Ahh, one final addendum. If we ended all taxes and all borrowing by government, the money supply available to businesses would greatly increase. Our economy would grow much faster than 2% a year, perhaps even more than 10%! At the same time, a large chunk of our GDP is government spending. We shouldn’t count that as we increase our money supply to match our economic growth, since it isn’t economic growth at all.

    • Chase H. Says:

      I have no intention to disagree with what Mr. Gardner says, but I would like to put in my sayso. When money started, it started in the private sector with the banks. People found it hard to carry around gold coins just to buy bread, so they would put their gold in banks. The banks, in return, gave the costumer a bank note for the amount of gold they had. If the bank tried to put out more bank notes than gold obtained, they were discredited and nobody would accept their notes. The problem with this was that bank notes from banks not widely known were not accepted. In turn, the federal government decided to take on the job. The Government had a gold reserve in Fort Knox and could only print as much money as they had in the reserve. Sadly, when the wars of the twentieth century came around, the government decided to print more money than they had gold. Instead of discrediting the money of the government, people just accepted it.

  3. Richard Huntzinger Says:

    I stumbled on this article by asking Google to search for a question, which was the same as the title of this review.

    I have nothing to add to your fine explanation. But I have a question: what percentage of members of the House and Senate in Washington do you think understand where government gets its money and why government cannot continue to borrow and spend forever without running into the same problem Zimbabwe and Cuba have today (and Venezuela is moving toward). Why don’t those who understand the truth ever talk about it in public? Polling suggest that about half (50%) of the people think the government has its own money, an endless stream of it.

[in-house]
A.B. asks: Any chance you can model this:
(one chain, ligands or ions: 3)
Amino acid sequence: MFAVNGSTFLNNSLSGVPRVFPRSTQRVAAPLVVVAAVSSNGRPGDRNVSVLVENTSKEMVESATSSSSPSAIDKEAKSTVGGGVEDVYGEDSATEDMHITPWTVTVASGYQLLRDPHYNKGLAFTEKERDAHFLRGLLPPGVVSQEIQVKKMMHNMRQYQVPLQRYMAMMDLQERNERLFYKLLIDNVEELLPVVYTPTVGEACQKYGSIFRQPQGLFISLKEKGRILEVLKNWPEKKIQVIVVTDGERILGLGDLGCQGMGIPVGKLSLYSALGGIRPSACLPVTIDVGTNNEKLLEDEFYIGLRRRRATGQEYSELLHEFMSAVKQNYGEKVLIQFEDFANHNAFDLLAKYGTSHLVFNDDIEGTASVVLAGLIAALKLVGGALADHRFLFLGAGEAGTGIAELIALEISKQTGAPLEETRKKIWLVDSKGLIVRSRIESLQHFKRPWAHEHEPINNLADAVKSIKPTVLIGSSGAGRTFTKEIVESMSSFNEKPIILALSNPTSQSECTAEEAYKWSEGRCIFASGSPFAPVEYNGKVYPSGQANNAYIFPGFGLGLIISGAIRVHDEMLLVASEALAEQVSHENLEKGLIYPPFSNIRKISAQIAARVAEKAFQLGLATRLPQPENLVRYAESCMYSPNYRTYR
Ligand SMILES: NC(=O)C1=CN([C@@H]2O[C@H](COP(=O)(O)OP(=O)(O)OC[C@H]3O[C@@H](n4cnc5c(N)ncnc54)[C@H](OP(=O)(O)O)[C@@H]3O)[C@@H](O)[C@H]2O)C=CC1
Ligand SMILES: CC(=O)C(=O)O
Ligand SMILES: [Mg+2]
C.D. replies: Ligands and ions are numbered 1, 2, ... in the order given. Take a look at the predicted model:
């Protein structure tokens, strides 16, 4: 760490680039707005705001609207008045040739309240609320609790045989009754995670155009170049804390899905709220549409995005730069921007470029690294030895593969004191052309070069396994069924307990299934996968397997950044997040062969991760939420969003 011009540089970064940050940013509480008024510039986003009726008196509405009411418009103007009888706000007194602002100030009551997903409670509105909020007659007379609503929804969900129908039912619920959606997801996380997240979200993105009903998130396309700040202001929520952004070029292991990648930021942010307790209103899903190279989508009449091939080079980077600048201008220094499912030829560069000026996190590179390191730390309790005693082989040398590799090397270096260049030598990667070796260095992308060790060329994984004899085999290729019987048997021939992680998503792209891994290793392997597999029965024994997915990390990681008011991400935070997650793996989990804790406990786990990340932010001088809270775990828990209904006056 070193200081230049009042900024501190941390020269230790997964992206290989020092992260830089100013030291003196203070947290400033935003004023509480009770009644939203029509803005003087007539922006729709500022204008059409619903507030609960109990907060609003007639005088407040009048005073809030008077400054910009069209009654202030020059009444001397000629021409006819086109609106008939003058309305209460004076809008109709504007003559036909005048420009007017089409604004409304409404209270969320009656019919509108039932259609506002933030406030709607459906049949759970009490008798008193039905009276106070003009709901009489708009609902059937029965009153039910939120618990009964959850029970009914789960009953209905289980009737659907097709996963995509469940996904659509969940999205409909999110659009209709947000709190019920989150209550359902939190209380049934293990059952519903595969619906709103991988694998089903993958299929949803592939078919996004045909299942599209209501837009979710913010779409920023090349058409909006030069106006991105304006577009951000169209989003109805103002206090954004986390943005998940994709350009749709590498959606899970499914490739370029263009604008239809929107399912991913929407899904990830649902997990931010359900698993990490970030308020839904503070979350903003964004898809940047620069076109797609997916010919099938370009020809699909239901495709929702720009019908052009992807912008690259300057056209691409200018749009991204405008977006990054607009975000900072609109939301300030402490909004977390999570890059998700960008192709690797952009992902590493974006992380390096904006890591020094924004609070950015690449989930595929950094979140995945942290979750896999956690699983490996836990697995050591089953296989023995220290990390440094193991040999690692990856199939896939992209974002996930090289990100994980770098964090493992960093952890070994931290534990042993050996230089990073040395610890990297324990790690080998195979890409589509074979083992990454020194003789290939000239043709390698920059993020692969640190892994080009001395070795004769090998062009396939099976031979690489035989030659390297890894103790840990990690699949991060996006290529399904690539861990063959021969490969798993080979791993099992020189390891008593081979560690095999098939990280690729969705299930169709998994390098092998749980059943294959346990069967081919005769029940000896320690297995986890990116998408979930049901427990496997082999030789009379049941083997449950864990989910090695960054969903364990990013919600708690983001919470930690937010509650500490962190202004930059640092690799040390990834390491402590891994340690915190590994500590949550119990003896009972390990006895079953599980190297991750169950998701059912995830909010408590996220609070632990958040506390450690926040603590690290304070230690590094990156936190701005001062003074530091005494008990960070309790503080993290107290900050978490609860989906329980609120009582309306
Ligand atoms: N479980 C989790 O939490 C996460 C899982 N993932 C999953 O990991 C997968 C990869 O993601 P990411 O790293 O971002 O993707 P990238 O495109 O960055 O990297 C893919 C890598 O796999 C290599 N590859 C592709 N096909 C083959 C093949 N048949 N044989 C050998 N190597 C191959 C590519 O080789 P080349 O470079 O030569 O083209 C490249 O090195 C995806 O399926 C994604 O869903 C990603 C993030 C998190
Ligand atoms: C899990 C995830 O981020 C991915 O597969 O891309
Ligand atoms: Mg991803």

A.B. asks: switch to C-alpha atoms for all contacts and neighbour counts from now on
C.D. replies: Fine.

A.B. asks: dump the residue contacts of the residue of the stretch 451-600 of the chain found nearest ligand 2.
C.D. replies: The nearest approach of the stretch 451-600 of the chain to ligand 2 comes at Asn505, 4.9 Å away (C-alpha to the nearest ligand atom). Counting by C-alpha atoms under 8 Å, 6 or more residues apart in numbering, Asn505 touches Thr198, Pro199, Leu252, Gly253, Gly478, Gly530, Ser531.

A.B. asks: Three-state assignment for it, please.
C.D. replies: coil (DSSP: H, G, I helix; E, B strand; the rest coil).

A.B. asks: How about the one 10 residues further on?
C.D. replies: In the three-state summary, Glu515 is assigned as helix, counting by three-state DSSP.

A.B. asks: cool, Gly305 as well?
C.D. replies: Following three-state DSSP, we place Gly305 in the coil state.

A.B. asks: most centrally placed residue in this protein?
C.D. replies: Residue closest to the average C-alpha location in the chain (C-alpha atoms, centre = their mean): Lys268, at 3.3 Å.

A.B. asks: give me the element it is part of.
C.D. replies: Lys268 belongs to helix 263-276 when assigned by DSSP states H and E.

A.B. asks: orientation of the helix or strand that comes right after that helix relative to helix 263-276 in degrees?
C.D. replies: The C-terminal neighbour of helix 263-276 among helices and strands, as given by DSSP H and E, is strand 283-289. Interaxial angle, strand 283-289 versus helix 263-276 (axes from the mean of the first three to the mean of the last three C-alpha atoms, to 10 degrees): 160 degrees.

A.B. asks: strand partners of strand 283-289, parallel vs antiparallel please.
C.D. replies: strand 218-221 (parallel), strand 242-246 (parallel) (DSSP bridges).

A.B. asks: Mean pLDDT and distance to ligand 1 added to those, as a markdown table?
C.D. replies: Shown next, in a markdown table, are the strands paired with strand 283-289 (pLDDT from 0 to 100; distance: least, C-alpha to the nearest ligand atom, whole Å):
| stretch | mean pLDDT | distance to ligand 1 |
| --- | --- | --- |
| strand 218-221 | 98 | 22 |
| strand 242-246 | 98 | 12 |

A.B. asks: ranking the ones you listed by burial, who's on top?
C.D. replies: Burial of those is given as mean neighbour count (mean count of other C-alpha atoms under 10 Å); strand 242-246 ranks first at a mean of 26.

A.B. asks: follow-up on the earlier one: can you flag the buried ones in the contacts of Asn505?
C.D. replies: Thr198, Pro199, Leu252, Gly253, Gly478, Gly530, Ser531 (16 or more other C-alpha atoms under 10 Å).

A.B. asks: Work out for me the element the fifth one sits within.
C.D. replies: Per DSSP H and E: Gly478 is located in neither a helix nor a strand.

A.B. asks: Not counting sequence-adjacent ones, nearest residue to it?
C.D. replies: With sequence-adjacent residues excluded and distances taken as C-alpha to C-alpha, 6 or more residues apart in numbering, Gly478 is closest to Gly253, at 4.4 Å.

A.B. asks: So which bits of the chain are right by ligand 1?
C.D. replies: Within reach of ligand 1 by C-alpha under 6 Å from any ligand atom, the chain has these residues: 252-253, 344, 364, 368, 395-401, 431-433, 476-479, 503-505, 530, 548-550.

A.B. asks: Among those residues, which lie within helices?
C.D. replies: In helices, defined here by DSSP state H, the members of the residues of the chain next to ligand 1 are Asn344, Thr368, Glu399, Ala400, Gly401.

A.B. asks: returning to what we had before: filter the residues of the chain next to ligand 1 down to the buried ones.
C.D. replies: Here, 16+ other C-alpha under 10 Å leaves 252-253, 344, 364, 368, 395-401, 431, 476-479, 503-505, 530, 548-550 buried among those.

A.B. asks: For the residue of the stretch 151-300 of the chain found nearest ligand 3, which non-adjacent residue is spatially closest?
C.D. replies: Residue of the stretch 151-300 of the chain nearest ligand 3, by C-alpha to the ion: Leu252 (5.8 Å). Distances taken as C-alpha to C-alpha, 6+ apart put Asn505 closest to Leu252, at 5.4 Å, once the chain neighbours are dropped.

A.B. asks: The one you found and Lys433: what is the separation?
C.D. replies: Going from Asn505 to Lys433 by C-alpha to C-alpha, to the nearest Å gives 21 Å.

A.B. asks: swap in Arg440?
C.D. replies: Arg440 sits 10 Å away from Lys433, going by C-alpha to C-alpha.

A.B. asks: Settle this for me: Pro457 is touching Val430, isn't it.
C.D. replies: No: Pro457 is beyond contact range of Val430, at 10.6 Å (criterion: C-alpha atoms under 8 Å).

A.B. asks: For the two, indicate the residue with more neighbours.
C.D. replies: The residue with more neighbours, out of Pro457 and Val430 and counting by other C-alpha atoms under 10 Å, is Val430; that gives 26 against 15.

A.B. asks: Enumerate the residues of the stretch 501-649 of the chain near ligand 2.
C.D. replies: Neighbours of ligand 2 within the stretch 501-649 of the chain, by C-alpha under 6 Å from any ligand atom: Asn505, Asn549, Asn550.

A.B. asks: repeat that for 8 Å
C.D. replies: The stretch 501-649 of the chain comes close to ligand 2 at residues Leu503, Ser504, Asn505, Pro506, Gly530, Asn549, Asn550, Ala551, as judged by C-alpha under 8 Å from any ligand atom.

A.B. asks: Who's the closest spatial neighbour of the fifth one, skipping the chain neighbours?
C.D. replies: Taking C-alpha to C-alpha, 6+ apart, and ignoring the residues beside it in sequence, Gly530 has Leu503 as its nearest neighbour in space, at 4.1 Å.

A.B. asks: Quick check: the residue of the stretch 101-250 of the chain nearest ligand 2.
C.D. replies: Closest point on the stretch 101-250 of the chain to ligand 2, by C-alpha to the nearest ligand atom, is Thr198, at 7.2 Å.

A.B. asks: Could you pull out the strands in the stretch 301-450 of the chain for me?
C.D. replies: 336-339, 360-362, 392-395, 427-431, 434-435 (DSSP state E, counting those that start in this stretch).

Also, since the main source of government revenues is taxes, plus borrowings based on the ability to get the taxes to service the debt, it’s well for people to understand that all government employees, including members ofcongress and heir staffs, and all direct contracts to the government – for instance defense contracts – as well as those who are employed to fulfill those contracts, are paid by those incoming tax receipts, including employee withholding taxes. In other words, people who get paid by tax dollars directly or indirectly do not really pay witholding taxes, though they think they do because they have to file just like everyone else. Does that mean tax receipts are overstated?

    • Jonathan Gardner Says:

      what percentage of members of the House and Senate in Washington do you think understand where government gets its money and why government cannot continue to borrow and spend forever without running into the same problem Zimbabwe and Cuba have today (and Venezuela is moving toward)

      Probably at least 80%. I actually believe a good chunk of them want to bankrupt the US. It certainly appears to be Pres. Obama’s plan.

      Why don’t those who understand the truth ever talk about it in public?

      They do, but obviously this message isn’t repeated far and wide. I mean, Sarah Palin saw Russia from her house seems to be common knowledge (she never said that), but the fact that Social Security is now out of money? That’s unknown out there.

      It’s up to people like us to tell everyone what is happening at the federal level. The message won’t get out otherwise.

      Polling suggest that about half (50%) of the people think the government has its own money, an endless stream of it.

      The communist indoctrination in the media and in the schools is very effective. Ask Bill Ayers what he thinks about it—he’s largely responsible for the fact that the public schools do not teach the truth anymore about this.

      Does that mean tax receipts are overstated?

      It’s really hard to lie about how much money the government actually got in tax receipts. Either the money is there or it is not. The treasury has a bank account just like you and me.

      Right now, today, only 41% of the money spent at the federal level comes from the taxpayers. That 59% will have to be paid by the taxpayers one day, with interest on top. That’s common knowledge. It’s just not broadcast. It’s up to us to broadcast it.

  4. David Says:

    “Deflation can be worse than inflation since it discourages people from behaving in ways that will help the economy grow. If government prints money at a rate that keeps the value of money constant, then they can raise money without hurting anyone. Let me repeat this: If government prints money at a rate that keeps the value of money constant, then they can raise money without hurting anyone”

    I don’t know if you copied the above from another website without reading it but basically what you are saying is that if the price of food, computers, oil, cars etc goes down then its bad for consumers?